Patient Introduction and Review of Breast Anatomy and the Lymph System

by Stephen Holt, MD, MS

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    00:01 So let's now move on to the evaluation of a breast lump.

    00:05 This is a 44-year-old woman who's presenting with a lump in her right breast.

    00:09 She first noticed it about 4 months ago and says that it is painful just before menstruation.

    00:15 So we're going to talk about the difference between benign versus malignant breast lumps, and we'll go through some basic features of these two different kinds of lumps.

    00:24 And then, of course, we'll move on to the physical exam, which will be important in our assessment.

    00:29 So typically benign breast lumps are slow growing.

    00:33 They tend to be painful or they're more likely to be painful.

    00:37 They're encapsulated, which means that they typically have a nice, smooth contour with symmetry and they're rubbery.

    00:45 You can push on them and they will compress.

    00:47 They're not rock hard.

    00:49 In contrast, malignant tumors tend to be faster growing.

    00:52 They are most often painless unless very advanced.

    00:56 They're not encapsulated so they don't have smooth edges.

    01:00 They're much firmer, of course.

    01:02 And importantly, we'd be looking for signs of lymphadenopathy if there's evidence of metastatic spread.

    01:10 Quick review of the anatomy of the breast, remember that most of the breast is composed of fatty tissue.

    01:15 And then heading towards the nipple, we have lobules that are emptying into ducts and then the ducts converge at the areola and exit via the nipple.

    01:27 Common benign breast tumors include fibroadenomas, which are most common between the ages of 15 and 35.

    01:34 These do not change with menstruation and they can be brought on by oral contraceptive pills.

    01:41 In contrast, fibrocystic changes are very common.

    01:44 They tend to be exacerbated around the time of menses.

    01:48 So women will often report that they have more painful breasts prior to menses and then they can resolve after the menstrual period is over.

    01:56 And thirdly, Galactoceles.

    01:58 These occur in women of childbearing age.

    02:00 They are relatively firm subareaolar masses.

    02:04 In contrast, here we have the malignant breast cancers.

    02:08 Ductal carcinoma, which are the most invasive types of breast cancer.

    02:12 Lobular carcinoma, which oftentimes presents in both breasts simultaneously.

    02:17 Paget's disease.

    02:19 And then inflammatory carcinoma, which can actually look all the world like cellulitis or mastitis involving the breast.

    02:27 Which is a good transition to talk about infectious manifestations for breast enlargement.

    02:32 Mastitis, particularly in women who are breastfeeding, and then the progression of mastitis can lead to an actual abscess with fluctuants within the wall of the breast.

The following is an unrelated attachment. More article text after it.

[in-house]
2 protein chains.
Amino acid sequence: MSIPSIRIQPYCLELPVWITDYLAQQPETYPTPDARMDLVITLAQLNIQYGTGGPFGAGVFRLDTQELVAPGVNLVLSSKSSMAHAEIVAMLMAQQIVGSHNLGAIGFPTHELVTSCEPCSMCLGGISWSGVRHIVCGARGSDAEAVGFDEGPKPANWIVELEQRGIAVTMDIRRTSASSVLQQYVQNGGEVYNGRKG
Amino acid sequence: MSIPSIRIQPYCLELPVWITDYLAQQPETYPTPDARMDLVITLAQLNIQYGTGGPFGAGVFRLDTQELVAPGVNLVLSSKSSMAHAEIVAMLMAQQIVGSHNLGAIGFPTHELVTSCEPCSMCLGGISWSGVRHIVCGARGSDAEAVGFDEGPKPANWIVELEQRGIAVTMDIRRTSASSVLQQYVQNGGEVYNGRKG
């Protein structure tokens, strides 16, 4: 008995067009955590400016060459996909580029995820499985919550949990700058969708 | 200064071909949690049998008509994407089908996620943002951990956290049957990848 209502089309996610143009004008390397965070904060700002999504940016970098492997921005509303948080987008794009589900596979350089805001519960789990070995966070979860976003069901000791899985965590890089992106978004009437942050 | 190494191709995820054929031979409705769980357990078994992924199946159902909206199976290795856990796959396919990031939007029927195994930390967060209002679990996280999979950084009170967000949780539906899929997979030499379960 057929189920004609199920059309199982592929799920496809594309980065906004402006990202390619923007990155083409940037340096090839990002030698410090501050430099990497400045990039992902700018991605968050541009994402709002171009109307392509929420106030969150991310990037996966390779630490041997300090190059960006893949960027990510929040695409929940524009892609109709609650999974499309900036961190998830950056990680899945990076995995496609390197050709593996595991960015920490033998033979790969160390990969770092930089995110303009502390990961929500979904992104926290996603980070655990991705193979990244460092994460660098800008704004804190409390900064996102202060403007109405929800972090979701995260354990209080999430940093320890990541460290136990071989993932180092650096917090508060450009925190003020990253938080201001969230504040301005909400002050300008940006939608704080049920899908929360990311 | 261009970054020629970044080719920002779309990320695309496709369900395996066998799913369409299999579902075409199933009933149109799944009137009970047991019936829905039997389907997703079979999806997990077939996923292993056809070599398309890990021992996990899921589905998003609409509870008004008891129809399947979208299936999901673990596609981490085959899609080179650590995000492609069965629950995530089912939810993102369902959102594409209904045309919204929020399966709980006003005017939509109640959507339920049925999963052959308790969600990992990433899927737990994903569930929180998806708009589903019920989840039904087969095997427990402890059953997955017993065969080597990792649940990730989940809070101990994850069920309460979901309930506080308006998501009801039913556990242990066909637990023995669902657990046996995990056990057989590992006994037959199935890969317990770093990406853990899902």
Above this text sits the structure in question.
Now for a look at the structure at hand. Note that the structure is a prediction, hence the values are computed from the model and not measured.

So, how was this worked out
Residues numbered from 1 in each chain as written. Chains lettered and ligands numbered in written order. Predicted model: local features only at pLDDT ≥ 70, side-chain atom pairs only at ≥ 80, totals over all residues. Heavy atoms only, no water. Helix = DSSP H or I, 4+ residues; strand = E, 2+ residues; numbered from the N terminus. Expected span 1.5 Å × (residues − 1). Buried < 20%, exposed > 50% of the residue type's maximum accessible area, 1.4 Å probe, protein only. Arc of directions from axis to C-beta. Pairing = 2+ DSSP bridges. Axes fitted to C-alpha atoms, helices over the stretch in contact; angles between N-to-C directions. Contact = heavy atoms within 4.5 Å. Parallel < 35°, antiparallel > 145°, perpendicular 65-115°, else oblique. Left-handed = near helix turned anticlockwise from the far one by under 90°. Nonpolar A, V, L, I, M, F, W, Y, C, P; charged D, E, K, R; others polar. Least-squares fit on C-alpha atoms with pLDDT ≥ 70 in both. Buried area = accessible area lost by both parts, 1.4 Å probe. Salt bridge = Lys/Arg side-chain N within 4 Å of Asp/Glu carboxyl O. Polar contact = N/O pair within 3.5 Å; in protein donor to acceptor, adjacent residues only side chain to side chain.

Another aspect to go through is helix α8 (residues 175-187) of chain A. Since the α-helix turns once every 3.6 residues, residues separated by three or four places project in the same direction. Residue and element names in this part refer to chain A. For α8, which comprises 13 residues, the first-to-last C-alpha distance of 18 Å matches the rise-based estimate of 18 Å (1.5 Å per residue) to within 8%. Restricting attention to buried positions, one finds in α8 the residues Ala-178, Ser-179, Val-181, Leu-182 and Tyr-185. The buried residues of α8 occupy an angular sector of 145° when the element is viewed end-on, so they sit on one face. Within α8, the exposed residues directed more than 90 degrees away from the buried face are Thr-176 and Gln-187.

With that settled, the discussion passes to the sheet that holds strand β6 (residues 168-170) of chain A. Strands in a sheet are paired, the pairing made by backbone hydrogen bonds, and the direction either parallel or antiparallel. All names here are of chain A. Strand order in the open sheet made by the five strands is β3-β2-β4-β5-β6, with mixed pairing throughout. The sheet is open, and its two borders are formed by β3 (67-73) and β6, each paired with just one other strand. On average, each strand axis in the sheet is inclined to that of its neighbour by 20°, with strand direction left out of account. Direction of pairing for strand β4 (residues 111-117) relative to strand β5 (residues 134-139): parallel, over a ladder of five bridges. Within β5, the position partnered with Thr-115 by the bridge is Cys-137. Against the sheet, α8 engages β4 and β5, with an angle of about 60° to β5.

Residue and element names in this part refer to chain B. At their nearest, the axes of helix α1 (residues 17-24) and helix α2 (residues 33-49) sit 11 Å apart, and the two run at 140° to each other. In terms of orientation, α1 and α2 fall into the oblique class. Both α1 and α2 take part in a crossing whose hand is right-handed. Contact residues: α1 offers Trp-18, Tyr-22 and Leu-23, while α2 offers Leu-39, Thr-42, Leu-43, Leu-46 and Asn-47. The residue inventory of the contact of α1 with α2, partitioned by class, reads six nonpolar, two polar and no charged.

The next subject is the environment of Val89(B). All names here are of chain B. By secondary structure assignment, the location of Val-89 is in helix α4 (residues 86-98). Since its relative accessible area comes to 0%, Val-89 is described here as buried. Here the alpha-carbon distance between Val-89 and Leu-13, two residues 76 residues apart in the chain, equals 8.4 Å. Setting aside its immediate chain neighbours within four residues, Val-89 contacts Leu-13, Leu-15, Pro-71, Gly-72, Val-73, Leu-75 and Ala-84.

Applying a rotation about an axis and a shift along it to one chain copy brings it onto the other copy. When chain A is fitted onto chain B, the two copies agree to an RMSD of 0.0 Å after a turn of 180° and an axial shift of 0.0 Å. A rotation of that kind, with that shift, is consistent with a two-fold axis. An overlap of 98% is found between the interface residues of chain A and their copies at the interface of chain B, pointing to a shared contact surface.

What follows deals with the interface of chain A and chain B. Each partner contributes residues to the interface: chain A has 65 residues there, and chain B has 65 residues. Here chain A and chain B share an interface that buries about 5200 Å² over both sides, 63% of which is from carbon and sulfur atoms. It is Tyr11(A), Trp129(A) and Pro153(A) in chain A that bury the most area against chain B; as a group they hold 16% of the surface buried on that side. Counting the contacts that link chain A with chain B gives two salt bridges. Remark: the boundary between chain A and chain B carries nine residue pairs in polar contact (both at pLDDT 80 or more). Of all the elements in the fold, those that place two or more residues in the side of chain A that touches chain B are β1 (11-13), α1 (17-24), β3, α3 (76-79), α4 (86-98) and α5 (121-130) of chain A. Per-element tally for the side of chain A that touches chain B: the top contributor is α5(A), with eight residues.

02:44 In the assessment of any patient with a breast lump, it's going to be very important to make sure we do a thorough lymphatic exam.

    02:50 This will be useful for screening, for malignancy and of course, also for infection.

    02:55 In general, lymph nodes are expected to be less than a centimeter in size to be normal.

    03:00 However, in the axilla, we'll actually tolerate up to 2 or 3 centimeters in size before we would get too concerned.

    03:07 You'll always want to be comparing one side to the other as symmetry is important when we're comparing the different sizes of lymph nodes that we can palpate.

    03:16 Honing in on the lymphatic exam of the head and neck, there are predictable regions where lymph nodes tend to come together and we may or may not be able to palpate them in asymptomatic people, but it's important to know where to look for them.

    03:29 And we'll be covering those details more when we move on to the physical exam.

    03:34 Moving down from the head and neck, we'll remind ourselves that the lymphatic systems follow predictable lines of drainage, with both extremities emptying into the great vessels of the neck, but the lower extremities draining into the thoracic duct, which then will drain into the left great vessels.

    03:52 We were just talking about the size of lymph nodes.

    03:54 And as I mentioned, in general, a lymph node is more concerning if it's greater than 2 centimeters in size, if it's growing very quickly over time, if there's asymmetry, the mobility of the lymph node can also correlate with the extent of concern that we should have.

    04:09 Those that are mobile are less likely to be malignant.

    04:13 And lastly, lymph nodes that are tender are more likely to be associated with infection than malignancy.

    04:21 So returning to our case of our middle aged woman with breast pain, things that are on our differential would include fibrocystic changes, a fibroadenoma, breast cancer, of course, galactocele and mastitis.

    About the Lecture

    The lecture Patient Introduction and Review of Breast Anatomy and the Lymph System by Stephen Holt, MD, MS is from the course Examination of the Breast and Lymph System.

    Included Quiz Questions

    1. A fibroadenoma
    2. Breast cancer
    3. Fibrocystic change
    4. A galactocele
    5. Paget's disease
    1. Size < 2 cm
    2. Non-tender
    3. Rapidly growing
    4. Asymmetric compared to the contralateral axilla
    5. Non-mobile

    Author of lecture Patient Introduction and Review of Breast Anatomy and the Lymph System

     Stephen Holt, MD, MS

    Stephen Holt, MD, MS

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